• by Ukab the Great (87152) on Tuesday August 03, 2010 @10:28AM (#33123210)

    Is that Apple gives you a real bonafide OS disc with the computer you buy.

  • They have installed a recovery disk exactly where it is needed when you have problems on the road.

    Most devices are laptops. A recovery disk that is at home is of zero use to me when I'm in a hotel. How many people used to carry their recovery CDs with them everywhere they went with their laptops? How does that compare to harddisk failure in a laptop?

    Better still might be to put it on a separate flash chip embedded inside the device.

  • Just about any PC repair person should have copies of all the commonly used OEM Windows install CD's, and in most cases (especially with Vista / Windows 7) the OEM key on your sticker will work just fine to install and activate Windows. The recovery CD will potentially save you 1 - 2 hours tracking down drivers, but you might spend nearly as long de-crapifying the OEM adware. I prefer to create my own backup partition and use ntfsclone to backup up the system once it is tuned to my liking and all addition

  • by gregor-e (136142) on Tuesday August 03, 2010 @10:30AM (#33123256) Homepage
    When you make a backup, you're also enshrining all the crapware the computer comes with. This guarantees that should the drive fail, your crapware shall not perish, but shall have everlasting life. That's probably worth an extra $10 to the manufacturer, so there's no way they're going to bear the cost of a disc plus lose the extra $10 they can get from the crapware-advertisers.
  • My experience has been the opposite of this story summary. Have a 2 year old Dell (warranty expired) that needed Windows (XP Media Center) reloaded on it. Two weeks ago I look for the CDs and couldn't find them, realized they never came with the system. Googled around to this page[1] and ordered the recovery disks. Free of charge. Arrived 2 days later.

    At least for Dell this appears to be a non-story.

    [1]http://support.dell.com/support/topics/global.aspx/support/dellcare/en/backupcd_form?c=us&c
  • Even worse, diligence isn't always sufficient. I've tried half a dozen times to burn the recovery disks from my Lenovo laptop. It always has an error during the process and doesn't finish. Out of fear of not being able to get the original OS back on when I wanted to try Linux on that laptop (I use Ubuntu as my desktop OS) I literally pulled out the factory hard drive and put in a new hard drive to run Linux on, as if the factory drive was wiped I had no good path back to the original setup.

    I wouldn't eve

  • How many people here actually use these disks? Don't we all just wipe our new computer of shovelware and install Linux or something? In my experience, i've always thrown away the disks that came with a retail computer. They don't ever restore to the system i wanted. My first dell came with a vanilla win 95 disk that just installed the OS. It wasn't even tied to any kind of hardware identifier. I could install it on my new system, and the system after that (always only one at a time though :))

    When recover
  • I'm working with a SOHO on a workstation refresh. The brand new Lenovo workstations don't come with OS disks (only the burn-your-own recovery disk option). So, we either have to buy Win7 OS media (which, in my mind, makes licensing tricky), or accept the OS load as is, and try to surgically remove anything bloaty. Either way, no good option when you are only talking about half-a-dozen workstations.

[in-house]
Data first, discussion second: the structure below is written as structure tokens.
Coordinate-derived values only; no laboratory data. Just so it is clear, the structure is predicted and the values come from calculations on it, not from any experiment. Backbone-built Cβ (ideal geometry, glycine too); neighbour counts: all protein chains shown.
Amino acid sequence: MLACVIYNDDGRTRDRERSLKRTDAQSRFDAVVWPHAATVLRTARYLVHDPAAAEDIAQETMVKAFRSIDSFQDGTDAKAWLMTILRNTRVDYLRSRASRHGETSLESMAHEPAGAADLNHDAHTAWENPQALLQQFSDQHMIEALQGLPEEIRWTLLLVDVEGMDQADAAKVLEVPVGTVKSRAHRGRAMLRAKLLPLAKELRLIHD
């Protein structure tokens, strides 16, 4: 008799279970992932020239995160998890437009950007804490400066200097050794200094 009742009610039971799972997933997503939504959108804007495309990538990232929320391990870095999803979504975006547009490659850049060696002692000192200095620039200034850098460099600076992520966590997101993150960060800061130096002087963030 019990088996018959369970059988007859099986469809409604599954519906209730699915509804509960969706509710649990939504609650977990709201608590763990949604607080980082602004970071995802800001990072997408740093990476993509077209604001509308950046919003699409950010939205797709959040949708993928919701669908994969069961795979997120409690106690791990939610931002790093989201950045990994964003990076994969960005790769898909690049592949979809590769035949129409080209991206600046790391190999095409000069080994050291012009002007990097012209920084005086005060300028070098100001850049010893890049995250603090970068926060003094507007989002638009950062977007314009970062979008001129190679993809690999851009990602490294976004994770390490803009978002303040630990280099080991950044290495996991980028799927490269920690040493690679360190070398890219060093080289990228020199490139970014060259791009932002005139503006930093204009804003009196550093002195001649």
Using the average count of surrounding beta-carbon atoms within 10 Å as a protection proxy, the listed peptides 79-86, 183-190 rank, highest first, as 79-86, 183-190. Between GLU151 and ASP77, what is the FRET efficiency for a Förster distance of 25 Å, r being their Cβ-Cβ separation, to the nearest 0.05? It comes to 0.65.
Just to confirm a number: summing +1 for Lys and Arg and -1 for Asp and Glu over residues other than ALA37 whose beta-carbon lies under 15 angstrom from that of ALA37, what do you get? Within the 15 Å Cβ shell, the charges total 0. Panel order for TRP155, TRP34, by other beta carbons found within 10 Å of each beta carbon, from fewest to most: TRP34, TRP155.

We're trying to de-bloat.

    I contrast this with big companies I work for/with. With hundreds or thousands of

  • It gets worse (Score:5, Informative)

    by D. Book (534411) on Tuesday August 03, 2010 @10:57AM (#33123690)

    I recently bought an ASUS netbook which not only came with no recovery discs, but no utility to create recovery media (either optical or USB). If the hard disk dies or the recovery partition is corrupted (e.g. by a failed test restore of your self-created drive image), there's no way to restore the system to its factory state yourself. This has been raised in the ASUS forums [asus.com] and their response is sorry, but you have to return the system to them if you need it restored. Remarkably, people who noted this issue in Amazon.com reviews had their criticism thumbed-down, and ridiculed by "most helpful" reviews containing the narrowminded suggestion that recovery media is unecessary because you can "simply restore from the hard disk!".

  • Operating System (Score:3, Interesting)

    by RAMMS+EIN (578166) on Tuesday August 03, 2010 @02:28PM (#33127574) Homepage Journal

    ``vendors instead take the cheaper option of installing recovery software on a hard disk partition, leaving the buyer with no physical copy of the operating system they paid for''

    I don't know if this is still the case, but the last time I took a look at this recovery software, there wasn't any way to install the operating system I paid for, either. This was several years ago, and the recovery software came on a separate CD. However, when run, this would actually overwrite your harddisk with some image which did not match the installation as shipped, nor matched an actual OS install - where you can, for example, use separate partitions for the OS and your data.

    Failing disks are a problem, but these sorts of recovery software add a new and unnecessary problem: if, for whatever reason, you need to recover your OS, they will also wipe out all your data and installed applications. That's not recovery, that's destruction! Of course, I know about partitioning tools that can split partitions while keeping the data, and I back up my data, so I can work around the breakage, but it's still annoying.